• Environmental risk to be assessed at individual asset and portfolio levels, through the use of international frameworks such as the Global Reporting Initiative (GRI) or the Task-Force on Climate-related Financial Disclosure (TFCD)
  • Use of external and internal research
  • Differences noted between active and passive managers, where the latter would focus more on benchmarking and the former would be more involved at the level of the investee company’s governance and environmental risk framework

Ongoing monitoring

  • Set processes and systems to monitor and manage environmental risks on investments and portfolios on an ongoing basis, where the environmental risk is considered material.
  • Managers will be expected to re-assess risks and make decisions based on the outcome of such risks.

Scenario analysis

  • Asset managers will be expected to develop and document scenario analyses and their assumptions where the environmental risk is considered material.
  • Scenarios range from short to long term time frames and focus on physical and transition risks, with a regular review of assumptions made.
  • Asset managers are also expected to include qualitative assessments, especially if data is limited.

Capacity building

  • Asset managers will be expected to provide capacity and training internally to assess and manage environmental risk.
  • Expectation to actively support, engage, and collaborate with investee companies, notably through proxy voting, on their transition towards more sustainable practices.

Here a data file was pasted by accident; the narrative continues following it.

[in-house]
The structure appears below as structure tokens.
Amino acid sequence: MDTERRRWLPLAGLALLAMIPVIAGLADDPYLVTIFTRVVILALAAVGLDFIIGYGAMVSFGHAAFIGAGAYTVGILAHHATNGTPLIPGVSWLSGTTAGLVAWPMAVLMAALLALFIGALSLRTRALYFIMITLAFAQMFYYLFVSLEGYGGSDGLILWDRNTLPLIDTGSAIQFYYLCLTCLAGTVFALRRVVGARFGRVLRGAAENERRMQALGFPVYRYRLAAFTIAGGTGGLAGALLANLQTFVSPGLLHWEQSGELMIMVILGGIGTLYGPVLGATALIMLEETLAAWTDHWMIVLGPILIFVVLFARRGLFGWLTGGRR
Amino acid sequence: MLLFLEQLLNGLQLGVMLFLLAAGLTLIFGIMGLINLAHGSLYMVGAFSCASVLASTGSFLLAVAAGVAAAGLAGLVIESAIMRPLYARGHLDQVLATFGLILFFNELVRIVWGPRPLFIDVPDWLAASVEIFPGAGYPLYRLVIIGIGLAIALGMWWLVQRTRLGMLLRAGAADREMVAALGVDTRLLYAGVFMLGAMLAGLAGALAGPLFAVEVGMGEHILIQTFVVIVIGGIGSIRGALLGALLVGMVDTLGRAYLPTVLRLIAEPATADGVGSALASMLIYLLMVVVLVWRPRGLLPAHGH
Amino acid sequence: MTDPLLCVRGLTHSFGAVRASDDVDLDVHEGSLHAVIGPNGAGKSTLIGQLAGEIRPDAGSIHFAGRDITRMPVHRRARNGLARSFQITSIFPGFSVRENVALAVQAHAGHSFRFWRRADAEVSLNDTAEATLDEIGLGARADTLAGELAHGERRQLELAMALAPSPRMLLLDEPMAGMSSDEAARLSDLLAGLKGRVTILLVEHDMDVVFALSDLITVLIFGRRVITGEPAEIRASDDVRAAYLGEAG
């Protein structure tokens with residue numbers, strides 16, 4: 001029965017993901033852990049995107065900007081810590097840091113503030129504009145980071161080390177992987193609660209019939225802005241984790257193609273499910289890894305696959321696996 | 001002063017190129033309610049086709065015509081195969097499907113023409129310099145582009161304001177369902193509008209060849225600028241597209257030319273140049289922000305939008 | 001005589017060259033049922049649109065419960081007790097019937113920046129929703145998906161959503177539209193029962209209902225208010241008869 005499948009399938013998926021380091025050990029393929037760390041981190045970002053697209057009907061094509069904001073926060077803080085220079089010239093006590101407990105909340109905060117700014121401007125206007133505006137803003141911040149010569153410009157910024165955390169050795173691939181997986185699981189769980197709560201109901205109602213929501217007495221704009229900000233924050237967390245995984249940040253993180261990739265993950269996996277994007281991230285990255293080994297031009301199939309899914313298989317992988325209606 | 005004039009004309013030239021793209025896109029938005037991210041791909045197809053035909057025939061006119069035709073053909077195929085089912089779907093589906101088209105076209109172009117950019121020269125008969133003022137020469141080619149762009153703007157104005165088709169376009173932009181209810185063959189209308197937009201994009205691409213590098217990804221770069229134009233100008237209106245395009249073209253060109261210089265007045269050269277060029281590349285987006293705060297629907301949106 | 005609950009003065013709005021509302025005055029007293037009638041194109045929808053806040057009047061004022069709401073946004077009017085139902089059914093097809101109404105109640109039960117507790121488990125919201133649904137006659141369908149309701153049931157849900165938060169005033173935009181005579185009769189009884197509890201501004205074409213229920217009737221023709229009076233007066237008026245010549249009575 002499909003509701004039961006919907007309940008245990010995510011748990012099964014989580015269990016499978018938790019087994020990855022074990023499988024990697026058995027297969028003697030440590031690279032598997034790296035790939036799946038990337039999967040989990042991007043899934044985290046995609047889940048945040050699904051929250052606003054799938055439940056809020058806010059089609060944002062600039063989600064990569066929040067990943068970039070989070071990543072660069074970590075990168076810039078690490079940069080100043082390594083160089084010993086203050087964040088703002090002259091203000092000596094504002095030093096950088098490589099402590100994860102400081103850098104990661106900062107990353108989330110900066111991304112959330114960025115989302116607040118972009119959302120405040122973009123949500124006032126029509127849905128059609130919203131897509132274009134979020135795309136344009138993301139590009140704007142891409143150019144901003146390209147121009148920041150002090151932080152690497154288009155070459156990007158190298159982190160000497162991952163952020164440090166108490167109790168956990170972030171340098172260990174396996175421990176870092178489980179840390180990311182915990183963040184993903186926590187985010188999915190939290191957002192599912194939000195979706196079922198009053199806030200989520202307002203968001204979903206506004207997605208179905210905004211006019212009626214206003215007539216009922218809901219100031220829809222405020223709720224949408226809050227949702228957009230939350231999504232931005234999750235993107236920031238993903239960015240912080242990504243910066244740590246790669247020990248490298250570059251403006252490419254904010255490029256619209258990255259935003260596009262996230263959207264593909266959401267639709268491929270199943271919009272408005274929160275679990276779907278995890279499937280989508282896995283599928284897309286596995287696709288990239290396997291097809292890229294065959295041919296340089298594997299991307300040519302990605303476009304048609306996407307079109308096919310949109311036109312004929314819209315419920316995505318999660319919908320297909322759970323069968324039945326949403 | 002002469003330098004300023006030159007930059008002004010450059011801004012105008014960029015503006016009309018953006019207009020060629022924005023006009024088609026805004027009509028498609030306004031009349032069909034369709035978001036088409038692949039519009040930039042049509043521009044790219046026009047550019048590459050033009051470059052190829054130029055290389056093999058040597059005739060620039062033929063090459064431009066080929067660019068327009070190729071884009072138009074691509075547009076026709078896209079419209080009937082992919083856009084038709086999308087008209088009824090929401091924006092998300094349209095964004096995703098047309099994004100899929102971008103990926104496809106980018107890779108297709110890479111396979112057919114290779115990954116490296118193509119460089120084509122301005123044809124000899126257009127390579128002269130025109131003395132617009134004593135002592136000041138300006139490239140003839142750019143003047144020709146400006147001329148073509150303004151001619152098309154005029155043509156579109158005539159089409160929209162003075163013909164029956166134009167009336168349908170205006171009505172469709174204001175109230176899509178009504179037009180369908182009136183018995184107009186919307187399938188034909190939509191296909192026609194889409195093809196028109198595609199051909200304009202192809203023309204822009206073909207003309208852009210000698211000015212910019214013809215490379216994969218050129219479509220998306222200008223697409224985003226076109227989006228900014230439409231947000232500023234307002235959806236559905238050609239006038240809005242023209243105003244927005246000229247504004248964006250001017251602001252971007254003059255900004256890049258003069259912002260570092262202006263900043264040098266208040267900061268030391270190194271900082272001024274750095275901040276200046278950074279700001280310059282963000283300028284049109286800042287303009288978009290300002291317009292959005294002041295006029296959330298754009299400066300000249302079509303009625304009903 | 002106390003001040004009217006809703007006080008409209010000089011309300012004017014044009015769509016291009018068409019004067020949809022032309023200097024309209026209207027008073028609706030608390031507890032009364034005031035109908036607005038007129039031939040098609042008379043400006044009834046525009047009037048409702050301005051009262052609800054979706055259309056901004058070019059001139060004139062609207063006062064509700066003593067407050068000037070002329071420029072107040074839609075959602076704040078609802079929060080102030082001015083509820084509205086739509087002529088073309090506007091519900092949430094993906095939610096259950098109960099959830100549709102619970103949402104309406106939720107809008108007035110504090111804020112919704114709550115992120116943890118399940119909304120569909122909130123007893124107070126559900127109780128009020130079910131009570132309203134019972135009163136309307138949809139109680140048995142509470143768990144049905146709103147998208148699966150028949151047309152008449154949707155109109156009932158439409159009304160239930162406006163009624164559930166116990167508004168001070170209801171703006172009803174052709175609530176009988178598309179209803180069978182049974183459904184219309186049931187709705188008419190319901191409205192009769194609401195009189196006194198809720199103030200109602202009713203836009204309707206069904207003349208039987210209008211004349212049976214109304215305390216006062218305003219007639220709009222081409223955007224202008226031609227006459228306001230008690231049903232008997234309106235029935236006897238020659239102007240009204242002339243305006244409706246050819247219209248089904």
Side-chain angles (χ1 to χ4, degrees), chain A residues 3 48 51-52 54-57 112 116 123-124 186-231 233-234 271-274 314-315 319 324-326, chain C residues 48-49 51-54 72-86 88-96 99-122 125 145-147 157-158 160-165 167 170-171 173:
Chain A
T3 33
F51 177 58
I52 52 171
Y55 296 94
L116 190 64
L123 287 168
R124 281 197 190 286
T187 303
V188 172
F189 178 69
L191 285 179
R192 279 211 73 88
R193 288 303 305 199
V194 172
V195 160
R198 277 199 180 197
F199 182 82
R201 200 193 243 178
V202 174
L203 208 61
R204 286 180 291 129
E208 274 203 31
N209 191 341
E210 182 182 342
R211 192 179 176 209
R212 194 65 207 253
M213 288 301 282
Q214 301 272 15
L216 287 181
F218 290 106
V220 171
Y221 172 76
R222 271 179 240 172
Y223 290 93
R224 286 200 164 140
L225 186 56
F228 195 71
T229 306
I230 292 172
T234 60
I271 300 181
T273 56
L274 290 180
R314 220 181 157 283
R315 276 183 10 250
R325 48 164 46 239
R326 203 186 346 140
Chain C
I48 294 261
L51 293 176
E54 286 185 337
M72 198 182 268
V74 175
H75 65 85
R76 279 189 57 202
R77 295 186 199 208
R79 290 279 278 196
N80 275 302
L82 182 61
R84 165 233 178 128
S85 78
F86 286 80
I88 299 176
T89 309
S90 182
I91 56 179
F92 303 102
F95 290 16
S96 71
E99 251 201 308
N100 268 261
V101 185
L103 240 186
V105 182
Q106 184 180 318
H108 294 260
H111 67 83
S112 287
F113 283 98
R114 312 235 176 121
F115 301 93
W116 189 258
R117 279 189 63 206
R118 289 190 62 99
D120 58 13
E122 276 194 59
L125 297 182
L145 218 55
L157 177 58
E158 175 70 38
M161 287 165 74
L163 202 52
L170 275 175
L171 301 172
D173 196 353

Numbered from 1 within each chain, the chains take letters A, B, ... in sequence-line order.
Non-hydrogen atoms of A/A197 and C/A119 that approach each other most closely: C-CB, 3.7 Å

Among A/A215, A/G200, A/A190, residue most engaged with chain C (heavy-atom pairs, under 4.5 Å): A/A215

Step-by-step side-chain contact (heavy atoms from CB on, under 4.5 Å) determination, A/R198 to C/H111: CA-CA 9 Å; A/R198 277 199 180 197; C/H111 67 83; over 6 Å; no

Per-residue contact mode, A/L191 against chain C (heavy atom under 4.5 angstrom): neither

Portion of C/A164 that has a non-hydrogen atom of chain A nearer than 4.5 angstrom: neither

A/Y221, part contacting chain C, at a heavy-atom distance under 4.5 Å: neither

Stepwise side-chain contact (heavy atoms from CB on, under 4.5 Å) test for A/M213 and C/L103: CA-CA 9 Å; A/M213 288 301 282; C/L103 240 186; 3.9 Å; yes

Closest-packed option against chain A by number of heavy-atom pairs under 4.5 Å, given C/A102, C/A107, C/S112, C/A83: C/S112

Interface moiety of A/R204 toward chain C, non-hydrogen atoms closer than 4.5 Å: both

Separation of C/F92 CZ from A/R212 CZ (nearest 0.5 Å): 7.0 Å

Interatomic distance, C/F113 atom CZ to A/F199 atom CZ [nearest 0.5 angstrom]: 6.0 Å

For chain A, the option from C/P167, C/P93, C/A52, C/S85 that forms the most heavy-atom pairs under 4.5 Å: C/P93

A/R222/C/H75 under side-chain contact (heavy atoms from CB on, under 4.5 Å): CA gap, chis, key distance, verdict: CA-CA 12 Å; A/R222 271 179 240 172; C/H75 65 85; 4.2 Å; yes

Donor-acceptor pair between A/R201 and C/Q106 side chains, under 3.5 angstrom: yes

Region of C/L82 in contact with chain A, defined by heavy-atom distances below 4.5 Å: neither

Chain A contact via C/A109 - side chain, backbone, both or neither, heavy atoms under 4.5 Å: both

• Mitigants on environmental risks at investee company are the willingness to improve its practices, the relationship with the asset manager and the alignment with the manager’s environmental risk strategy.
  • Managers are also expected to collaborate with their peers, as recommended in the PRI.
  • Real Estate managers should also promote introducing water/waste efficiencies as well as obtaining green building certifications for underlying investments.
  • Clear and meaningful disclosures to existing and potential customers, with metrics being heavily encouraged.
  • The disclosures could be consolidated at group or head office.
  • Disclosures should be made in accordance with international standards, notably the TCFD’s disclosures framework.
  • Disclosures are expected to be reviewed on a regular basis to improve their comprehensiveness to stakeholders.

How can Sanne assist?

Let's talk...

Should you require our expert services and need assistance on the implications of the above, we would be delighted to speak with you to discuss how Sanne can assist. Please contact Xander, Paul or Karlien directly.

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Xander Huang Head of Business Development, Singapore - Singapore
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Paul Séjournant Associate Director, Product Development - United Kingdom
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Karlien De Bruin Global Head of ESG - South Africa